6 Savvy Ways to Spend Your Child Tax Credit Money

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The $1.9 trillion stimulus bill that President Joe Biden signed into law will provide direct financial aid to parents across the country, in addition to the $1,400 stimulus checks.

The new law expands the child tax credit to up to $3,600 for qualifying families for each child under age 6 and up to $3,000 for each child age 6 to 17. This is an increase from the current tax credit of $2,000 per child.

Half of the tax credit will be sent out as monthly payments from July to December, meaning that qualifying families could receive up to $300 per month for children under age 6 or up to $250 per month for older kids.

The second half of the tax credit will be included as a refund when parents file their 2021 taxes next year.

The amount of money families are eligible to receive will start to phase out for single parents making over $75,000 a year, heads of household earning over $112,500 and married couples earning more than $150,000.

While there’s nothing in the law that mandates how the child tax credit money must be spent, we’ve come up with a few ways parents could use this money to financially benefit their kids.

6 Wise Ways to Use Your Child Tax Credit

1. Contribute to a 529 Savings Plan

College tuition continues to rise, leaving many saddled with student loan debt. A 529 savings plan is an investment vehicle to grow money tax free and then use that money to spend on qualified education expenses, like college tuition.

Money in a 529 savings plan can also be used for private school expenses. You could even use the money to go toward a trade school or vocational school program if your child decides college isn’t for them.

2. Use the Money to Subsidize Your Child Care

The cost of child care often rivals the cost of a college education — with much less time to save up for the expense.

While $300 a month does not cover the average cost of daycare or preschool, it can help reduce the financial burden.

Parents of elementary or middle school students could use the $250 monthly payments toward before- or after-school care.

3. Increase Your Dependent Care FSA Contributions

A dependent care FSA, or flexible spending account, is a workplace benefit that allows workers to put aside pre-tax dollars to use toward qualifying expenses, like day care, nanny care, preschool, before- or after-school care and summer camp.

In addition to the expanded child tax credit, the American Rescue Plan Act increases the 2021 dependent care FSA contribution limits to $5,250 for single tax filers or $10,500 for married couples filing jointly.

If you are enrolled in a dependent care FSA through work, you’ll technically be using your pre-tax income from payroll to increase your contributions. However, the extra money you’ll get from the child tax credit can be used to make up for having less take-home pay.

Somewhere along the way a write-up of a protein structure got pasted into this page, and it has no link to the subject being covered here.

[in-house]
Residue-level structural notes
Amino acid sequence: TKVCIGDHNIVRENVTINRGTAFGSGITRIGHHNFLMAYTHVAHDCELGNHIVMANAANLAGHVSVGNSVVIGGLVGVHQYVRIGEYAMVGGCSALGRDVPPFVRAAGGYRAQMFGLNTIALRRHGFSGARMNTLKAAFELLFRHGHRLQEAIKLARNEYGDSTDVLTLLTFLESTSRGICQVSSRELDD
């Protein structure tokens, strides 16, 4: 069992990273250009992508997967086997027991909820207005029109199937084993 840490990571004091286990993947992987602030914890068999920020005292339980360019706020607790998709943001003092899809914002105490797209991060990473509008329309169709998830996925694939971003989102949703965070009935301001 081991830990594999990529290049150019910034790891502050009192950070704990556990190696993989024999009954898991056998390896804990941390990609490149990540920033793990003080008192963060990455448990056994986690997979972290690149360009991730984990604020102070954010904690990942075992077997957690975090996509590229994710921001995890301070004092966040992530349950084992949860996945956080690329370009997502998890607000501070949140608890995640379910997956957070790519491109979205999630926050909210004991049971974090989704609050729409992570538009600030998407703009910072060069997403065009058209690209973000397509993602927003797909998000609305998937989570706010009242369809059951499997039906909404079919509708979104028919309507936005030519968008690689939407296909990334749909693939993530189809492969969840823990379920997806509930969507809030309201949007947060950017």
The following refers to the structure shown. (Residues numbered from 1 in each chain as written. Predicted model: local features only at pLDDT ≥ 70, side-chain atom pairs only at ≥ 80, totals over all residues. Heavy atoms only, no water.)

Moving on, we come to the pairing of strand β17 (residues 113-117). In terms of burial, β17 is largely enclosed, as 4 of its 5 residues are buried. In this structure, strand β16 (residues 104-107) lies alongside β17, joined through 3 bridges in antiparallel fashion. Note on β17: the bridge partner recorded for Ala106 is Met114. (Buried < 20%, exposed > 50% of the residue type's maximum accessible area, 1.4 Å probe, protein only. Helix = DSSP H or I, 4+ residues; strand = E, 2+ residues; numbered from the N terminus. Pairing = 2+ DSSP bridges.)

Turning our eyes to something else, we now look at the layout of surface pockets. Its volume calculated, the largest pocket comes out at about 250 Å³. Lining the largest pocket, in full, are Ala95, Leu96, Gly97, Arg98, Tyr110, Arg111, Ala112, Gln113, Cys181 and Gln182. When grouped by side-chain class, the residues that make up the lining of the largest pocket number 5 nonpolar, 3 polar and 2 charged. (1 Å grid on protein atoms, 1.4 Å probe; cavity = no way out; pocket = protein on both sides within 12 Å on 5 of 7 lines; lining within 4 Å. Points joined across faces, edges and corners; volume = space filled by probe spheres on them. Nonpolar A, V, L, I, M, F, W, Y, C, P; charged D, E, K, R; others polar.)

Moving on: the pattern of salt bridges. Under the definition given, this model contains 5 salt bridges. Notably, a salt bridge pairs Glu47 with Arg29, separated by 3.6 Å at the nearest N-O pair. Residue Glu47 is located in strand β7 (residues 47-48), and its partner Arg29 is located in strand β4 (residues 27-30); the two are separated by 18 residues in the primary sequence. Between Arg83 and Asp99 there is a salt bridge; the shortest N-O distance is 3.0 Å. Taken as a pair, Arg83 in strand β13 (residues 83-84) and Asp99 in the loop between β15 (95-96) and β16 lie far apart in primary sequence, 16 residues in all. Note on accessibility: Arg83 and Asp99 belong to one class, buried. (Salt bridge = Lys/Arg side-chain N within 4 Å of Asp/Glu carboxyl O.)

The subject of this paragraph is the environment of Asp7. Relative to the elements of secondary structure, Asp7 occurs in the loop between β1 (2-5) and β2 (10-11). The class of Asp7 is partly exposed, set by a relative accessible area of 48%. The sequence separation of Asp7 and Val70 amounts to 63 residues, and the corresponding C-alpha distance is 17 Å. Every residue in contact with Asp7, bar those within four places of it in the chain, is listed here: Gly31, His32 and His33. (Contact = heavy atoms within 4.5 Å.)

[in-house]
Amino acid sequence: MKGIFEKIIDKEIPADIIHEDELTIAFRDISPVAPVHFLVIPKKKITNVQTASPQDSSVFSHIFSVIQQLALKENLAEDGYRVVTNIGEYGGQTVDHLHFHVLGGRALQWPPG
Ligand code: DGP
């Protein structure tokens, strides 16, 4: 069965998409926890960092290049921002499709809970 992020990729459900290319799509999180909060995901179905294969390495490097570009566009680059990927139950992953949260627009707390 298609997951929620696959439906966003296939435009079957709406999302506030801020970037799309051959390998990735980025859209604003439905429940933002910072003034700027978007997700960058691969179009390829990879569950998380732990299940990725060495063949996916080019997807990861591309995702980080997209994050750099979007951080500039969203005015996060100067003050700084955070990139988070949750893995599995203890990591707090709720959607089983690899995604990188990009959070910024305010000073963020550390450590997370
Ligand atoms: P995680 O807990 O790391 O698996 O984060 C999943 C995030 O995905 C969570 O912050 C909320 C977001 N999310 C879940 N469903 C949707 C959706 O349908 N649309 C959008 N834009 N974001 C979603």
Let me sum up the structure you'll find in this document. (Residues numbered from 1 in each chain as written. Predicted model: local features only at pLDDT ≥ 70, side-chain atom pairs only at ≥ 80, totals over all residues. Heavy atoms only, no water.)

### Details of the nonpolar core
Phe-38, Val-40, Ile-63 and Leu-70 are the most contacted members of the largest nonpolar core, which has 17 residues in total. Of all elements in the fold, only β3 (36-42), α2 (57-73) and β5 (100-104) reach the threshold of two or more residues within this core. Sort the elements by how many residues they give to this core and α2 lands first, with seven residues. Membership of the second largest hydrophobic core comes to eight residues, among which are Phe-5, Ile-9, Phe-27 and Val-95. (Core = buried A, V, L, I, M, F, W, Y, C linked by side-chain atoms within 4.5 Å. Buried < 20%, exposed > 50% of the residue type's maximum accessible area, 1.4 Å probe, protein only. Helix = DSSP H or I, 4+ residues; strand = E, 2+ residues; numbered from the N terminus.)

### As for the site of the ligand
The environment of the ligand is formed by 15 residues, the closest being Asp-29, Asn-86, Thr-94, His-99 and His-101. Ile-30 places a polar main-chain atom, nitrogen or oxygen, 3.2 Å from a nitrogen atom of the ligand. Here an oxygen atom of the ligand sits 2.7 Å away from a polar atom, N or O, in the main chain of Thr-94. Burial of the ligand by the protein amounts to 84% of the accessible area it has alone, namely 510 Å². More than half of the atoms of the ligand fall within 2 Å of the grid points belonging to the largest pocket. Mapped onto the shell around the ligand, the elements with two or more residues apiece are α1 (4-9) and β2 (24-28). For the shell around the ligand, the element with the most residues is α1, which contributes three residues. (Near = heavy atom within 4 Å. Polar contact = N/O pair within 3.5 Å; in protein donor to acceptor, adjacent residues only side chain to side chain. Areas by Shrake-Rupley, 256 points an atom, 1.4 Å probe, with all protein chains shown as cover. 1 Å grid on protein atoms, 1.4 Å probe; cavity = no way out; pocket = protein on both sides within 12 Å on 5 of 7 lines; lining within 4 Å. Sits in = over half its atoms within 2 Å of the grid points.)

4. Pay for Tutoring to Prevent the Covid Slide

After pandemic-related school closures and the switch to remote learning, you may notice your child is struggling academically.

NWEA, an educational research-based nonprofit, found that students in grades 3 through 8 saw math testing scores drop between five and 10 percentile points in 2020 compared to pre-pandemic test scores.

Supplementing your kid’s education with private tutors can help with academic improvement. Payments from the child tax credit could be used to pay for tutoring over the summer and into the beginning of the 2021-2022 school year.

5. Pay for Next Year’s Summer Camp

Summer camp is an annual expense, but it still always seems to hit from out of nowhere.

Depending on when your child tax credit payments are deposited into your bank account (and when your kid’s summer camp requires payment), you could use the money to cover the final weeks of camp.

However, if you miss out this year, you can always put the money in a sinking fund to help offset next year’s summer camp costs so you won’t be caught off guard.

6. Get Your Kids Interested in Investing

Parents who want to get their children off to a strong start financially could use the extra cash as seed money for their kids to start investing.

Starting with fractional shares is one way to get your kids excited about investing — and you won’t have to use all your tax credit money to buy a tiny percentage of ownership in their favorite companies.

As a bonus, you’ll be starting your children on the path to building wealth at an early age.

Feeling overwhelmed? Create a budget that works for you with our budgeting bootcamp!

Nicole Dow is a senior writer at The Penny Hoarder.